Are sanctions against Russia working? Two months on from the first targeting of Russian banks and oligarchs, Putin’s grip on power remains as firm as ever. This shouldn’t come as a surprise: restrictions on Iran, Venezuela and North Korea have impoverished their populations, but haven’t led to political revolutions. So how successful can sanctions be against Russia today? And even if they do work, will the cost to the West be too much to bear?
The full impact of sanctions on the Russian economy isn’t yet clear. In the short-term, they have created severe food shortages in shops. This, combined with a high rate of existing inflation at 16.7 per cent (expected to reach 30-40 per cent by the end of the year) threatens to impoverish Russia’s middle class, and widen the already vast disparity between the very wealthy and the rest of society.
Russia’s gross national product for the year is expected to drop by 11 per cent. The country has been cut out of the international bank payments system, £230 billion of its foreign currency reserves abroad have been frozen, and Russia could soon default on its debts. Trade is expected to drop by more than 30 per cent, a gap that non-western aligned countries simply cannot fill. Components for the construction of all kinds of machinery, including aircraft and tanks, are being cut off. As a result, Russia will have to substitute this by importing goods on a large scale. This will take time, particularly with so many foreign companies refusing to deal with them. The Russians also anticipate catastrophic levels of unemployment. So far, in short, sanctions appear to be working.
A downside of sanctions, however, is that they harm those imposing them. They also present a dire prospect for third parties, namely those in the Third World. The loss of exports from Russia and Ukraine, both major players in the international grain market, is an urgent issue for the World Bank: starvation is lurking around the corner. Sanctions are also undercutting western economies, which face fast rising inflation as bad as the 1970s: at more than eight per cent in the US and not much less in Germany and Britain. Shortages in basic commodities from Russia will exacerbate prices even further. The International Monetary Fund now anticipates that global growth this year will almost halve from last year, down from 6.1 per cent to 3.6 per cent.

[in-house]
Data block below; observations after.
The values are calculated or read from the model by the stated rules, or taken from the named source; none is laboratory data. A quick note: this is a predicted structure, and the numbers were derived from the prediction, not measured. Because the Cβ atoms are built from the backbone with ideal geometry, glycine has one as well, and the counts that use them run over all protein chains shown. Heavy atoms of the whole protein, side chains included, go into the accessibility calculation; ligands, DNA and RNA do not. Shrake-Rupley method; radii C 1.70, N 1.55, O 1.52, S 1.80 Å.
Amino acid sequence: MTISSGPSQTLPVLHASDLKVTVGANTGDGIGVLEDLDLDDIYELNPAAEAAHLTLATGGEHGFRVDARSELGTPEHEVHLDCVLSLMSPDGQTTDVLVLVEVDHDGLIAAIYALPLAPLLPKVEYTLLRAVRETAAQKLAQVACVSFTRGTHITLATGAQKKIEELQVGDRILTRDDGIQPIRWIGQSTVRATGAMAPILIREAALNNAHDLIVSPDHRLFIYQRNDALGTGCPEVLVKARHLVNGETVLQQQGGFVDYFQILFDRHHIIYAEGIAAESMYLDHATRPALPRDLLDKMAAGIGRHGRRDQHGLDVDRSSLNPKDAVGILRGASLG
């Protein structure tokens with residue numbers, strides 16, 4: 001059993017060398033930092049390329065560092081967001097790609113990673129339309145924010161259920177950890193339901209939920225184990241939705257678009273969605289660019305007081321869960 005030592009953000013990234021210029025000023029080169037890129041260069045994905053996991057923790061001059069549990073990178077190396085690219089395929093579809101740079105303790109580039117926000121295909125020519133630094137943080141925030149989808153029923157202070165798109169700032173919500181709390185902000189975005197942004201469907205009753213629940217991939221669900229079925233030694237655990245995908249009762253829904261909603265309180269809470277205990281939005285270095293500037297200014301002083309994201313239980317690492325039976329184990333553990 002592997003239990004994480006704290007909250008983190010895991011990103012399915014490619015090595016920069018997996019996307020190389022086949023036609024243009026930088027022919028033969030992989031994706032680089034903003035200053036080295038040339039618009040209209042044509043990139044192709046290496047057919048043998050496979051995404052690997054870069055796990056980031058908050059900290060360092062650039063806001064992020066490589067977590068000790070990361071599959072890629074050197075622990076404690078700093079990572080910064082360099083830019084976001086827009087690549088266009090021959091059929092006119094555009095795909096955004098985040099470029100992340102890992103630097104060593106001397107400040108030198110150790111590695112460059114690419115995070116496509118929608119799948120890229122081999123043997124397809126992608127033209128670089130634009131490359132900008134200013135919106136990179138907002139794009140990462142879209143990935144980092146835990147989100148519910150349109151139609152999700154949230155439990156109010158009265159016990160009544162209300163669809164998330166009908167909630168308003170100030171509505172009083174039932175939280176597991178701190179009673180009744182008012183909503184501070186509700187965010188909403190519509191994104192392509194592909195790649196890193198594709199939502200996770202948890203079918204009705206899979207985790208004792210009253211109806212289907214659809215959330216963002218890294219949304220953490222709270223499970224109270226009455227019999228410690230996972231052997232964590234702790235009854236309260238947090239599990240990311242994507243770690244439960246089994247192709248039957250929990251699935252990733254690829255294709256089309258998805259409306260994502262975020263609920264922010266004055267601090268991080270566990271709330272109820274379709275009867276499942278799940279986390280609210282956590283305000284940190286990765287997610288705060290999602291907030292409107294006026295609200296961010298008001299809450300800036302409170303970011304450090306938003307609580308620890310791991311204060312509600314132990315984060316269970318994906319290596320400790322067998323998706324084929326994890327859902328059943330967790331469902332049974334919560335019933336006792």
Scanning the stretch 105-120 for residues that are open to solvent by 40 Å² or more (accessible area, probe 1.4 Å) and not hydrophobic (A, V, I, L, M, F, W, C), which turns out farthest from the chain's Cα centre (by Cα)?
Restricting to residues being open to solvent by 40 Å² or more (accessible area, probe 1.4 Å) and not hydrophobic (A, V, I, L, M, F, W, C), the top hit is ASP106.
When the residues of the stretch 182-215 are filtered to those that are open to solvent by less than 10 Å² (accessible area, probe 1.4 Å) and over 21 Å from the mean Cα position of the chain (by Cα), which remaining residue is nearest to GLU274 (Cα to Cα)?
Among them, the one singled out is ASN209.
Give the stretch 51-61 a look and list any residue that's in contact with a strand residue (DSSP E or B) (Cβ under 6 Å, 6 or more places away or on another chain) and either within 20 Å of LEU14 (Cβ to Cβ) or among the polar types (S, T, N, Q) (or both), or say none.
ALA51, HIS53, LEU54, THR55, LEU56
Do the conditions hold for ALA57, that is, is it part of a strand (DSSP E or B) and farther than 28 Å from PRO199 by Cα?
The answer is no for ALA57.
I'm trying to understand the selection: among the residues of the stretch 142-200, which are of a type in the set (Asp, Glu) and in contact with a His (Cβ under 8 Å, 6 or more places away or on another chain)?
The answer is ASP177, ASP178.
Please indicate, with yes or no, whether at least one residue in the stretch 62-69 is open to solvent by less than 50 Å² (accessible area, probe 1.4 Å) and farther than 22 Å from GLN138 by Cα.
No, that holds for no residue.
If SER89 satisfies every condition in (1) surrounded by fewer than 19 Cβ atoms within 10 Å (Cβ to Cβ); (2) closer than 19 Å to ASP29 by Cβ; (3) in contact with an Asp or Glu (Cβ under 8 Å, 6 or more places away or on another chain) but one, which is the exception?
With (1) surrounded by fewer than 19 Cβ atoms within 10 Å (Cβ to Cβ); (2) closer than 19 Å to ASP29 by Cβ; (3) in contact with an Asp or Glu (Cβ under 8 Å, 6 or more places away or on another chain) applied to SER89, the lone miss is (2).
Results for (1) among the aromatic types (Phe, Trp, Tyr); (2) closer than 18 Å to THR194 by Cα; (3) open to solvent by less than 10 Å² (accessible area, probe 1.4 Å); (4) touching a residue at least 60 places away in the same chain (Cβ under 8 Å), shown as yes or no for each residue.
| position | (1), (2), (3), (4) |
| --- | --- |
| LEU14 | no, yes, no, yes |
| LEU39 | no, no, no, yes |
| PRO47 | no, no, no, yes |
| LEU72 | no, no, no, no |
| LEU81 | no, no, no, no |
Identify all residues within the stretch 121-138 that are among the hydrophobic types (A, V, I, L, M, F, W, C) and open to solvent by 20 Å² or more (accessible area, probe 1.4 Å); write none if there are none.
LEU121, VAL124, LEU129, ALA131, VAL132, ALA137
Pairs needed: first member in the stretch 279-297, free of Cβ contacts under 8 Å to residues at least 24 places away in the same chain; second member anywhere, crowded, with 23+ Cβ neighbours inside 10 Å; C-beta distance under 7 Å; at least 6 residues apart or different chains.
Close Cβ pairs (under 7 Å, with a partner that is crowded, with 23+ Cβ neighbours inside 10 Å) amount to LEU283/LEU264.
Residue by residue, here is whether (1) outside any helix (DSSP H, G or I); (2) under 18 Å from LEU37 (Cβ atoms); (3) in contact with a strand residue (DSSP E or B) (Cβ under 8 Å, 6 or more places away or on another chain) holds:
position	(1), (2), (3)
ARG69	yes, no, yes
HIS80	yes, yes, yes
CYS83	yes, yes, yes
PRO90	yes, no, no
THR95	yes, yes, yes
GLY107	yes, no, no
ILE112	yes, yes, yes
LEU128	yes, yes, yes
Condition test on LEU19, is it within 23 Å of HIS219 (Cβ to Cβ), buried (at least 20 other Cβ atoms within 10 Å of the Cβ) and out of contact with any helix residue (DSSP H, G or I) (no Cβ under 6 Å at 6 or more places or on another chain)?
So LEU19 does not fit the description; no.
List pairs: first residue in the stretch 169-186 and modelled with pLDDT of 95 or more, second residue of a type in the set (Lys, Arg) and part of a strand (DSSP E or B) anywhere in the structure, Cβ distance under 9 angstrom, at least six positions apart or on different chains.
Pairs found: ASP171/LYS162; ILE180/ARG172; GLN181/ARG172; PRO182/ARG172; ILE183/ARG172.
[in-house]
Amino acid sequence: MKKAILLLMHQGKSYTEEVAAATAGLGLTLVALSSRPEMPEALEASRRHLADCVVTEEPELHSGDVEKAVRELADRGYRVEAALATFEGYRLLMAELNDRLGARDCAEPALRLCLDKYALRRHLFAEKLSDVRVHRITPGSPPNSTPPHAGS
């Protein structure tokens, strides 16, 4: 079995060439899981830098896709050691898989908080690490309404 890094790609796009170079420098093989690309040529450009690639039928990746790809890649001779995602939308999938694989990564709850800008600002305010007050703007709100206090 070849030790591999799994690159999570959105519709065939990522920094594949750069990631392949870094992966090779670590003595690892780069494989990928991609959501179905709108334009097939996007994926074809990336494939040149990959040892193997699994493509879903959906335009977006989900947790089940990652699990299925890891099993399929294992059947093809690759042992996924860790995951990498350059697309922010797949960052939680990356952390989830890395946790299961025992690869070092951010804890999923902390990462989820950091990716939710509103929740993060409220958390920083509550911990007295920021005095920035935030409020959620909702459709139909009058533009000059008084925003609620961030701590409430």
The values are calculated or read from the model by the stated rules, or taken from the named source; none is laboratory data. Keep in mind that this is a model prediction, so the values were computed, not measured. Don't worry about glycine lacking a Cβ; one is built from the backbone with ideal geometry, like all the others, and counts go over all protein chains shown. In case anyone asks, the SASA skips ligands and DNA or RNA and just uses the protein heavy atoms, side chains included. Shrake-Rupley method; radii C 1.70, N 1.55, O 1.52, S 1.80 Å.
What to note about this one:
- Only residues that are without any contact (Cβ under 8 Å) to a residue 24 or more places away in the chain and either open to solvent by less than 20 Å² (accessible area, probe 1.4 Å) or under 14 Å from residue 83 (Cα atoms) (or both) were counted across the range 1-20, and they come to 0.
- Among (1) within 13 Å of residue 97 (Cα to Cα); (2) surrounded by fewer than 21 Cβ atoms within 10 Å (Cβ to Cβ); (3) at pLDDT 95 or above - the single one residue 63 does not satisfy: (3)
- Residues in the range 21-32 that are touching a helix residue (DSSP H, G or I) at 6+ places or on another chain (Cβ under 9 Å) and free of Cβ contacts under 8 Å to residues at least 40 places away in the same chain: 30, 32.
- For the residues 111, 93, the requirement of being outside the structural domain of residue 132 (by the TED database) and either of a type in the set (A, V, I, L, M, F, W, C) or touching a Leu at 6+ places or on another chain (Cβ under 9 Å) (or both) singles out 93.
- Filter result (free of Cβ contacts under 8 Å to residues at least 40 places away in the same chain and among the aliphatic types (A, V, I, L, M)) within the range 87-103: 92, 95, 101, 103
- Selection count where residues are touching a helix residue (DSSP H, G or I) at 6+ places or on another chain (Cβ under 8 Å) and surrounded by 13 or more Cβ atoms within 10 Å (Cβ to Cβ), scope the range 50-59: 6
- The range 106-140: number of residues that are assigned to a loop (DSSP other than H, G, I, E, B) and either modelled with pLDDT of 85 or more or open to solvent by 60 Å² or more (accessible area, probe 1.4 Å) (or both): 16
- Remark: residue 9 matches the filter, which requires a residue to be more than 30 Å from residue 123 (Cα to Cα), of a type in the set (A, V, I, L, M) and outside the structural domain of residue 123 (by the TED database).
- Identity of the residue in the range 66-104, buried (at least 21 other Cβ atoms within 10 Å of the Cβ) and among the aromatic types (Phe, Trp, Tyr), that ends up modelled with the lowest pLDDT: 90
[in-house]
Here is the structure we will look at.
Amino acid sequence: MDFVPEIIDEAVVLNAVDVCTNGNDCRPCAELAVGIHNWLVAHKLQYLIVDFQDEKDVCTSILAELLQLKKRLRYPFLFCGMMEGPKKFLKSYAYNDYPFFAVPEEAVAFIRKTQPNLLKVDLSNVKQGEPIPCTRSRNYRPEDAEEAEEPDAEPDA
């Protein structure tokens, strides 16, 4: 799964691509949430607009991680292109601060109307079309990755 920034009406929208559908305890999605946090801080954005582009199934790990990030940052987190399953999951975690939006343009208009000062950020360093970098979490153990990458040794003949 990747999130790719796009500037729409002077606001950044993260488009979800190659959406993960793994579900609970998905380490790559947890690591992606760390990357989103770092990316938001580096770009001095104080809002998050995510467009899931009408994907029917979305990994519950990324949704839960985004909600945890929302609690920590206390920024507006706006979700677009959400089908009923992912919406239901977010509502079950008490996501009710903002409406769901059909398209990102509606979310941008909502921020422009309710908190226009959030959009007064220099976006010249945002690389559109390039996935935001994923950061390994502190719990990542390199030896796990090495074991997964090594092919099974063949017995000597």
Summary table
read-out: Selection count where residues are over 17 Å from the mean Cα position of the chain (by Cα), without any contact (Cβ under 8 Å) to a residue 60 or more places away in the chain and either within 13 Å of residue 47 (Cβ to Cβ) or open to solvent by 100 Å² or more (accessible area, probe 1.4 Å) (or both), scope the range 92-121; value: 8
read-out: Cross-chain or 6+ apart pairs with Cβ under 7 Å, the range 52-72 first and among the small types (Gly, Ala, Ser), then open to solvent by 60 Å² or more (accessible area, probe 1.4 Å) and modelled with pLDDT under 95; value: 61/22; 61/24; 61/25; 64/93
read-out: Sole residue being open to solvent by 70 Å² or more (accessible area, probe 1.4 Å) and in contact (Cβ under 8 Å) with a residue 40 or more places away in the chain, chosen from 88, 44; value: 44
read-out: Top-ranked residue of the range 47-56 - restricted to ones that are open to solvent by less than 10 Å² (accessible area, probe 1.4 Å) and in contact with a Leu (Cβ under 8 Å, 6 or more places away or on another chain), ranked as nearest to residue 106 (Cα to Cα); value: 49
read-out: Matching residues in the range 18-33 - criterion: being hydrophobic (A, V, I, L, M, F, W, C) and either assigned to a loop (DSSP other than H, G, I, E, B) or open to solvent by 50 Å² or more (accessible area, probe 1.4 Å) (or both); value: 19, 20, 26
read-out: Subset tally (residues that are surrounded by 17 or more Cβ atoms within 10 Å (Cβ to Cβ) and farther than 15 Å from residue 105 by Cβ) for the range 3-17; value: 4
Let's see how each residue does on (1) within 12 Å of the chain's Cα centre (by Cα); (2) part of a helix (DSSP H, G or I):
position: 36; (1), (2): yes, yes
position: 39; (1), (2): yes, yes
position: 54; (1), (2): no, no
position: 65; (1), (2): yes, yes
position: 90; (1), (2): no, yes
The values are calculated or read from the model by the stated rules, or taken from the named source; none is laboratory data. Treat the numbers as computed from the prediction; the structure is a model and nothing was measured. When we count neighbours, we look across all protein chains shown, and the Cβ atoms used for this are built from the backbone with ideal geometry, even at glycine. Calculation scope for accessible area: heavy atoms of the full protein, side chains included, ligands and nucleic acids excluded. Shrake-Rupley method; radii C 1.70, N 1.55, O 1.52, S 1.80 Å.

The Russian economy, on the other hand, is self-sufficient in almost every known commodity, including gold. Only in lithium — for vehicle batteries and space technology — is it heavily dependent on foreign supplies. Russia is the third largest producer of oil and the second largest producer of natural gas. It’s the leading miner of class one nickel needed for batteries. And it’s a crucial global supplier of refined uranium, palladium and refined copper, as well as being an important source of low sulphur coal and aluminium.
The disappearance of these Russian exports deprives the global car industry of vital components, especially for electric vehicles, which the West has been basing its carbon reduction targets on. It also raises the cost of the energy to power its plants. With demand for electric vehicles expected to rise considerably in the next decade (Biden, for instance, wants half of all vehicles sold in the US to be electric by 2030), sanctions against Russia will seriously reduce any hope of meeting such optimistic expectations.